Sunday, November 1, 2009

Idealistic, Content, Disheartened? (Or Burnt Out?)

"I don't know whether I believe in teacher burn out," my college supervisor Hilda A. Kring, Ph.D. said to me more than twenty years ago. She called herself a "realistic idealist" when it came to most matters, including the topic at hand. One of her proteges, I would say the same of myself, and as for her comment, ditto.

A recent comment by a reader prompted my consideration about this idea of "burnout." He suggested that I get out of teacher if I'm burnt out. Agreed, but I'm still not sure about the idea of burnout. (And if you're wondering, I don't think I am nor in denial.)

While I was thinking about this, I see a recent study by the Public Agenda has released a report on a related topic: Teaching for a Living: How Teachers See the Profession Today. The study sheds light on what makes teachers feel valued and less likely to quit. It mentions things like:
  • offering career paths in education,

  • ensuring technology is available to aid instruction,

  • and increasing teacher salaries to levels of other professional jobs such as lawyers and doctors.
More interesting to me, the study separates the 890 teachers surveyed into three groups: contended, disheartened, and idealists. When I heard the three monikers, I instantly thought this made sense. Don't we fall into one of the three categories?
Well, in the study 40% fell into the disheartened category, 37% contented, and 23% idealist.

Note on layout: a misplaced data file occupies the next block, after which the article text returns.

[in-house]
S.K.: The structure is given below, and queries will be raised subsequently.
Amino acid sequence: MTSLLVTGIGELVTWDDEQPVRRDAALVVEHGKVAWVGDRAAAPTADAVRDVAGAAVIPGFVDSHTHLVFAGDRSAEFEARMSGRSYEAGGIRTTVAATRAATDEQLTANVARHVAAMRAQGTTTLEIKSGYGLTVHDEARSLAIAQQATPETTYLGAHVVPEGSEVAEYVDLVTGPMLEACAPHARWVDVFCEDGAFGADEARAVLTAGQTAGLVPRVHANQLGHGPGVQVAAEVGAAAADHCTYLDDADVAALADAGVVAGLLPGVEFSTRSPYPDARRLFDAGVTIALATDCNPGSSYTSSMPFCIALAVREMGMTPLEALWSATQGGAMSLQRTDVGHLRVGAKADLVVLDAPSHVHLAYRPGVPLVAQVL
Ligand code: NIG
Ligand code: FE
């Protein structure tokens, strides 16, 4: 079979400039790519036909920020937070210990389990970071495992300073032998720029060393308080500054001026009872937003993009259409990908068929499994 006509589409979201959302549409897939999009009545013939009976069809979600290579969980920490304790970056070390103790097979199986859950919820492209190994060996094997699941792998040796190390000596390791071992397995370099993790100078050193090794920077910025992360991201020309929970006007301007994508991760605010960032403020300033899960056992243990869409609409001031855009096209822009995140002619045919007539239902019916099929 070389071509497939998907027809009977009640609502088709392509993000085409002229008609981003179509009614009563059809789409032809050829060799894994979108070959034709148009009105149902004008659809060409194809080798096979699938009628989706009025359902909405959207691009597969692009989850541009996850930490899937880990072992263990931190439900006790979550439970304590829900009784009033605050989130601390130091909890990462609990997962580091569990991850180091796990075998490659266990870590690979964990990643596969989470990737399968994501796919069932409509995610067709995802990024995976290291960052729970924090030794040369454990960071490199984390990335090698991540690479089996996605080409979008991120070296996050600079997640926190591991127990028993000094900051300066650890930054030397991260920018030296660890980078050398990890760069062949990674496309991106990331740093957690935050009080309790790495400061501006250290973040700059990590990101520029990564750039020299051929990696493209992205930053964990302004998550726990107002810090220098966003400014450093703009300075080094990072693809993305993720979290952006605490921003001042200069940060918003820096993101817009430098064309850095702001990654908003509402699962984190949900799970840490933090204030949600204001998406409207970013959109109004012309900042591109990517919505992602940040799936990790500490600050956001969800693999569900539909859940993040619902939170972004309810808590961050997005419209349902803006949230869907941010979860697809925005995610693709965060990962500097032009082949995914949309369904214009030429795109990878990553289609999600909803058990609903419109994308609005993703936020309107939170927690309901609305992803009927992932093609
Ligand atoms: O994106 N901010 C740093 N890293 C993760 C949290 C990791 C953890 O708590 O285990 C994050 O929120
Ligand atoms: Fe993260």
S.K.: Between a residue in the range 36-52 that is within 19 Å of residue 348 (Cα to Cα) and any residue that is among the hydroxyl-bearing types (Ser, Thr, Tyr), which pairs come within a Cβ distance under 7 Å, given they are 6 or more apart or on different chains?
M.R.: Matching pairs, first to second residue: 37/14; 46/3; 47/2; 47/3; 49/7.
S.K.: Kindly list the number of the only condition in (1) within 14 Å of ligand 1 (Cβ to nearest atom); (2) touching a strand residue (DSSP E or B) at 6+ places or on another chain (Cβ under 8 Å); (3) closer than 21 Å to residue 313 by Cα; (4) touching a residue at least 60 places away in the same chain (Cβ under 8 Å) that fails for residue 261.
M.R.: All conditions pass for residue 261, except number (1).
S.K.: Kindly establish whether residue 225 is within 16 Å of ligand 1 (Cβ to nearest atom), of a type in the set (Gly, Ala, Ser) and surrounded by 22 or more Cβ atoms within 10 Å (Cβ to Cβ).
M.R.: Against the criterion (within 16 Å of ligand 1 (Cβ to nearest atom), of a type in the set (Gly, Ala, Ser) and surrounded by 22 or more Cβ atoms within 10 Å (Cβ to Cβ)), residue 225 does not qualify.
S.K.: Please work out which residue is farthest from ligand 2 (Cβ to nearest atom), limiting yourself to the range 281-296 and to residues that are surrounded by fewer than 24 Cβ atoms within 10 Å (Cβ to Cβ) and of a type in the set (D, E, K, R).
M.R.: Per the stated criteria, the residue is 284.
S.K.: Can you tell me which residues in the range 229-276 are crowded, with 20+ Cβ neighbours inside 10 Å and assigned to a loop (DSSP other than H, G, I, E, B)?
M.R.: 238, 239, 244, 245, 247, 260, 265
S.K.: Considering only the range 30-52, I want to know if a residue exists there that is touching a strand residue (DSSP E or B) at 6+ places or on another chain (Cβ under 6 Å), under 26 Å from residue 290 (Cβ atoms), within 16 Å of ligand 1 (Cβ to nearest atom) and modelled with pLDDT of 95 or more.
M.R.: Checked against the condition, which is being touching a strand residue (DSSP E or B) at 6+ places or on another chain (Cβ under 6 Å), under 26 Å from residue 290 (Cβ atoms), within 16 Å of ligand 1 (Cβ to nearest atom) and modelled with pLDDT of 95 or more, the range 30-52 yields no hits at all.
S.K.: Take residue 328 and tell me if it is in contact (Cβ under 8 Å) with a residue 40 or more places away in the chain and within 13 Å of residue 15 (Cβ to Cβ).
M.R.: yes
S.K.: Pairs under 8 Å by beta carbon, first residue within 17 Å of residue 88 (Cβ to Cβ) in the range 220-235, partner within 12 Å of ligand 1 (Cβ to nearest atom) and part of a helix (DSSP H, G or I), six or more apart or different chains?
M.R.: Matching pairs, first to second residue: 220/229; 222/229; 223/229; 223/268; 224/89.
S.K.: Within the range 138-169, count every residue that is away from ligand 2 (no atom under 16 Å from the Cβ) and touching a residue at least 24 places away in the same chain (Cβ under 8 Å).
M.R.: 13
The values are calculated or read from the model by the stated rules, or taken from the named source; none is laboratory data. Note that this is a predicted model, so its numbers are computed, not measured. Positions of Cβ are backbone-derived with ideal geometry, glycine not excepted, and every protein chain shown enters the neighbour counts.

I've already tipped my hand. You know I fall in to the minority--which brings me back to my wondering if there is burnout. Maybe there is such a thing--and dishearteneds are the best ones to ask about it, 77% of those studied who have been teaching for more than 10 years. But this realistic idealist can't see it.
Although I'm "way older" than most idealists teachers recorded in the study (77% of idealists identified by the study are Gen. Y'ers with fewer than 10 years in the classroom), I'll find a path for my career (36% of idealist teachers said this would be in education but outside of the classroom for them), a way to get the tech, and take whatever raise my union can muster.

1 comment:

Catherine Euston said...

Having taught for 13 years, I've thought a lot about the topic of teacher burnout, and the conclusion I've come to is that it's not as simple as placing teachers in a category--you're either an idealist, a realist, a burnout, etc. Any teacher, I think, who has been in the profession long enough flows between these categories.

It's easy for someone to say to a teacher, get out if you've lost your zest, but if we all left when we were overtaken by a sense of burnout, there'd be nobody left.

The truth is, depending on the state of our current school--how well its run, how much support teachers receive, class sizes, parent support, etc., our attitudes about teaching will change.

The other truth is that teaching is a much more difficult profession than outsiders realize, that is if we take it seriously, make efforts to constantly improve, experiment, learn, and grow. Teachers are forever battling the balance between work and home--how much can I give to the classroom and still have something left for my family?

Perhaps I'm wrong, but it seems to me that we ought not separate ourselves into the good guys who don't burn out and the bad guys who do. Rather, let us provide a network of support and an atmosphere of understanding that we need to weather the ebb and flow that naturally occurs for all of us. If we show a lack of compassion for one another, how can we ever expect society to?